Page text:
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Advocates, navigators and officials are urging Montana residents who still need to sign up for healthcare that Saturday is the last day to purchase a plan for most citizens during the “open enrollment” period. Already, the Montana healthcare marketplace has seen a 10 percent increase above last year, and with a week to go, it should set a new high mark for number of Montanans registered, with more than 50,000.

Olivia Riutta, with the Montana Primary Care Association, said the changes in the American Rescue Plan helped make the insurance even more affordable, and residents have responded to more reasonable pricing through the state’s three primary carriers – Blue Cross-Blue Shield, Mountain Health Co-op and Pacific Source.

Residents have until 2:59 a.m. Mountain on Sunday (technically the deadline is Saturday at 11:59 p.m., for all states, including Hawai’i) to select a healthcare plan that meets their needs. In the middle of December, the federal government said that 13.8 million Americans had signed up.

Montana Primary Care Association navigators are also available to help with enrollment before the deadline, including public events in some Montana locations.

Riutta said it’s important that people learn more through trusted sites to buy plans that cover basic care and in which some citizens may get tax credits. That can be done through www.healthcare.gov

Residents who need more information or may need assistance can go to www.covermt.org – where navigators can help guide people through information, including a healthcare calculator, health insurance basics, and getting a guide to help through the enrollment process. Cover Montana navigators are also available in Billings, Bozeman, Helena, Browning, Kalispell and Missoula. The Cover Montana Help line (844-682-6837) is also open from 7 a.m. to 6 p.m., this week and 7 a.m. to 8 p.m. on Saturday, the final day of enrollment.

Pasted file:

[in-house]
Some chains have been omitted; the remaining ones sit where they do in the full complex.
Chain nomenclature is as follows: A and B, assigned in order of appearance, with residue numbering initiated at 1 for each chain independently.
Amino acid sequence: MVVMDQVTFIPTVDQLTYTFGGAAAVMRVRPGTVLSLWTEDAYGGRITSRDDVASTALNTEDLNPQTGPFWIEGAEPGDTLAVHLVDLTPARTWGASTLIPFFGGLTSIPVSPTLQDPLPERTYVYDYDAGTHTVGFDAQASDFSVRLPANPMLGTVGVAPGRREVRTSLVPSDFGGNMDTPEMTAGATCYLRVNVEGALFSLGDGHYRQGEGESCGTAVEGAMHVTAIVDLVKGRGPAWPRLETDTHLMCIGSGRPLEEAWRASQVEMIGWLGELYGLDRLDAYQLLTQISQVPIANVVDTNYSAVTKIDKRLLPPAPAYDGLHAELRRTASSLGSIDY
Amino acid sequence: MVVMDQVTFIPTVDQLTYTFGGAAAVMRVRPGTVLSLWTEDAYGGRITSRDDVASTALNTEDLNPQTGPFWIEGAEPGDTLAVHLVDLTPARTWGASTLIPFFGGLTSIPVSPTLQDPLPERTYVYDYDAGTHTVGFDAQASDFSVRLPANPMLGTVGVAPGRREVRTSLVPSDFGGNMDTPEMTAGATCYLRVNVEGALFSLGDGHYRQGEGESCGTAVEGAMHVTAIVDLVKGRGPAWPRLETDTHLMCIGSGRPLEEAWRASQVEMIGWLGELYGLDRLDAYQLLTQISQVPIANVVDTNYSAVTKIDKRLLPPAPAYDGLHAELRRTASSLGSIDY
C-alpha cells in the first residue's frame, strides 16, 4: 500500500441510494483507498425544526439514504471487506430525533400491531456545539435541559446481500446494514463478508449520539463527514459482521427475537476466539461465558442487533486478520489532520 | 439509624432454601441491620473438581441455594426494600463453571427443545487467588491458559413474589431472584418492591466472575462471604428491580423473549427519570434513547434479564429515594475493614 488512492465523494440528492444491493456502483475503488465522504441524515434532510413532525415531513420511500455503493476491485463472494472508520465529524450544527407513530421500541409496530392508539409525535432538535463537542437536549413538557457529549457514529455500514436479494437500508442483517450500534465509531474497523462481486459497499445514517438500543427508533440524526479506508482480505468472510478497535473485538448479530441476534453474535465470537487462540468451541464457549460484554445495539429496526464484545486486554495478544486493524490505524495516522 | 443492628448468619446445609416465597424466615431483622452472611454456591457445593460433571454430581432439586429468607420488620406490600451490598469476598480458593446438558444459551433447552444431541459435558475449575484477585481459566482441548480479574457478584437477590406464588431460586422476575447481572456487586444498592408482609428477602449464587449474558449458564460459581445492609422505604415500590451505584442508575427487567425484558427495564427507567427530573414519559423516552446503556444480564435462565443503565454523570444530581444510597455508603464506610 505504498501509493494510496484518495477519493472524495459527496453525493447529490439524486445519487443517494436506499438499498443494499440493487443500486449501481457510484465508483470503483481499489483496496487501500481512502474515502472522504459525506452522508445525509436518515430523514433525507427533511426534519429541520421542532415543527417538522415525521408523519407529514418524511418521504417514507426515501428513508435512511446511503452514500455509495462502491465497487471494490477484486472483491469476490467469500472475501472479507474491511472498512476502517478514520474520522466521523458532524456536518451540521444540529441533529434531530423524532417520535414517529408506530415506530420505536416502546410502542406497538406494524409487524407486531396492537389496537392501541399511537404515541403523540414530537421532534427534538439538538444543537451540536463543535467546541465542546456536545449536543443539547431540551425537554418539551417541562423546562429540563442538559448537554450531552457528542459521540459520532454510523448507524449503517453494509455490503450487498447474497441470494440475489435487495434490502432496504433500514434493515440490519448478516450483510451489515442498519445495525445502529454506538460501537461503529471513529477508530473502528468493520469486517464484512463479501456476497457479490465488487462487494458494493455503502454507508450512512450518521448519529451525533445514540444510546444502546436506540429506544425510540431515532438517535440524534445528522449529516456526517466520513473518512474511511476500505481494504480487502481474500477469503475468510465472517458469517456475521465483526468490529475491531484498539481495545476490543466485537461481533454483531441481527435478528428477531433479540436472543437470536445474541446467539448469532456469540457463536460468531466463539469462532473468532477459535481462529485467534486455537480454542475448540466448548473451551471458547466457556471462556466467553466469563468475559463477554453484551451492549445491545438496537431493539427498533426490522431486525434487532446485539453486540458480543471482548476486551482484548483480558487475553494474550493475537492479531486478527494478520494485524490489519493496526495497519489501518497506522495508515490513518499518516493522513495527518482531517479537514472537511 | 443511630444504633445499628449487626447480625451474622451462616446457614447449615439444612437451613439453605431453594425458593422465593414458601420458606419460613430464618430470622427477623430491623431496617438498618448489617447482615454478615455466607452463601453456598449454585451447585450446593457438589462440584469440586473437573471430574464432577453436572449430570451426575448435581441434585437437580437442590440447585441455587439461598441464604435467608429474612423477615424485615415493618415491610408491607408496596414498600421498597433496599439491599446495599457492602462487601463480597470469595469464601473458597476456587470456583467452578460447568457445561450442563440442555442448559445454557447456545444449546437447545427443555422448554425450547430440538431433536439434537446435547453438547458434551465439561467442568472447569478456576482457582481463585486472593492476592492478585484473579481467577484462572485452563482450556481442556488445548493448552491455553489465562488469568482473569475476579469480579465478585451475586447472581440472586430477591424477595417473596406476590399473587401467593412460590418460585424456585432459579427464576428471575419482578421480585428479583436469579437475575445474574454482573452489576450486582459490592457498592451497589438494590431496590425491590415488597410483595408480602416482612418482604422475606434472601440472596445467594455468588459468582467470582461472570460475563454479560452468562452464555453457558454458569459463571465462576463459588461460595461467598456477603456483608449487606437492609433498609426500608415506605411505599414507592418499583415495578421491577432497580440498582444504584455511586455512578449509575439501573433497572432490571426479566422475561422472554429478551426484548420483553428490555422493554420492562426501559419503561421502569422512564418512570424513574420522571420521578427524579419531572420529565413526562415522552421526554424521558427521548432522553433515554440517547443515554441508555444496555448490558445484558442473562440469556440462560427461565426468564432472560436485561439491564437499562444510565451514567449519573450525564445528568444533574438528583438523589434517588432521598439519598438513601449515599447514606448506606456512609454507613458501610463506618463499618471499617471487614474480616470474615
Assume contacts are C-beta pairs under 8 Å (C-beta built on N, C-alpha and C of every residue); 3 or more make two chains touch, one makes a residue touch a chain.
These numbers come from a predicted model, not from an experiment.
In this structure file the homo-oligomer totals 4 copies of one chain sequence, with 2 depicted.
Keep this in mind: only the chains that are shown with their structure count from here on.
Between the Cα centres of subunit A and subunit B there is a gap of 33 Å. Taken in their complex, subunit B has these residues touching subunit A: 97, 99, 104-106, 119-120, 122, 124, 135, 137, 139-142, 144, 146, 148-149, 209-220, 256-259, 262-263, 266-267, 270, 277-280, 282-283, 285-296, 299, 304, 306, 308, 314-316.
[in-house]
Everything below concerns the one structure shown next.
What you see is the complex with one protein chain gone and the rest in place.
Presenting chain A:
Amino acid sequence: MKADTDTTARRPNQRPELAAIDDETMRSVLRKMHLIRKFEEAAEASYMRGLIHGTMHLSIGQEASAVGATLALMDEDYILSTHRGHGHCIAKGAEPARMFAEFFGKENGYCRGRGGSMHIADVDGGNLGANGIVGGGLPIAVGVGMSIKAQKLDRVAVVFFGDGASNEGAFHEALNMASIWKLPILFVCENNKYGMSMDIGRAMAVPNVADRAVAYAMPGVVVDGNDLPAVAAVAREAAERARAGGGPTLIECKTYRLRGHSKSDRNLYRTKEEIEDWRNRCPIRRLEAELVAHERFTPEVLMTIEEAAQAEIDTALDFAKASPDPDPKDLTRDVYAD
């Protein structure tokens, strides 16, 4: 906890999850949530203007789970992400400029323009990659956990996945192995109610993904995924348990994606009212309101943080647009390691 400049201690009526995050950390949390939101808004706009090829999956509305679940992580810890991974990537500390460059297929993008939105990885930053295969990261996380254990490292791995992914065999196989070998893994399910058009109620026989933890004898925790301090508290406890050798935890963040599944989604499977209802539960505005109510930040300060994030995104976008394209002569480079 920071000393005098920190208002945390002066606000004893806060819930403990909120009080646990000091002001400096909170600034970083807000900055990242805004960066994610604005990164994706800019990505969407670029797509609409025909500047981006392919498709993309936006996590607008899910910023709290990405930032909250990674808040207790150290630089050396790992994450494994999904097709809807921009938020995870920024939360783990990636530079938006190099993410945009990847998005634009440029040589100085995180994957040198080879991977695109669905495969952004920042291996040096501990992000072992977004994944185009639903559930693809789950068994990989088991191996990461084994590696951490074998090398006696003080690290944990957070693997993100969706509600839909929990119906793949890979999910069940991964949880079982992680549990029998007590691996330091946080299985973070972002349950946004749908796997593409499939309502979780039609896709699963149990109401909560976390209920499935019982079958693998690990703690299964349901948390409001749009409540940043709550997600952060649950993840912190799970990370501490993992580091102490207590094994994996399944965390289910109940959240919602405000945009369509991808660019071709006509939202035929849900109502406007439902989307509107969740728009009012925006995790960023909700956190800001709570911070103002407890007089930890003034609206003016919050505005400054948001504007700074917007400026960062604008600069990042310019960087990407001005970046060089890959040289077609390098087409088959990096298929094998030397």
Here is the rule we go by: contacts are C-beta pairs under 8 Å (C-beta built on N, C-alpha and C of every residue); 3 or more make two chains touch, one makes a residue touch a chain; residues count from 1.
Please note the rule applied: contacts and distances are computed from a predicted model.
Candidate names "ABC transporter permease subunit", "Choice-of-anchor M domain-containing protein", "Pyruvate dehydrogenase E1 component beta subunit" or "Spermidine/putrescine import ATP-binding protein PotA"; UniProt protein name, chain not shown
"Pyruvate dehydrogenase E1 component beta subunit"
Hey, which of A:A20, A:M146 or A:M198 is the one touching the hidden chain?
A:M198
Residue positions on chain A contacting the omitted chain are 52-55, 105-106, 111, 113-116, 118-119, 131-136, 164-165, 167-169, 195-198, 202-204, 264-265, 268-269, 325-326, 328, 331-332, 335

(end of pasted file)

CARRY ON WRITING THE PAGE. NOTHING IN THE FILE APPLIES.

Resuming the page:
“It’s exciting to see 5,000 more people participate than last year,” Riutta said.

She said one of the reasons for the uptick may be that ARPA legislation increased the affordability but also mandated that insurance plans through the exchange cover the 10 most frequent ways patients interact with healthcare, including emergency room visits, maternity and pregnancy and the emergency room.

“It’s about affordability – everyone wants healthcare and the peace of mind that comes with,” Riutta said. “A lot of people have been surprised how affordable it is.”

In other ways, Riutta said, the healthcare exchange has become better understood and better trusted, leading more people to look through their options.

“A lot of people changed jobs and careers during the past two years, and they may be with companies that don’t have an employer-sponsored program – we see a lot of them coming,” Riutta said. “And if there’s anything we’ve learned during the past two years, it’s the need for health insurance.”

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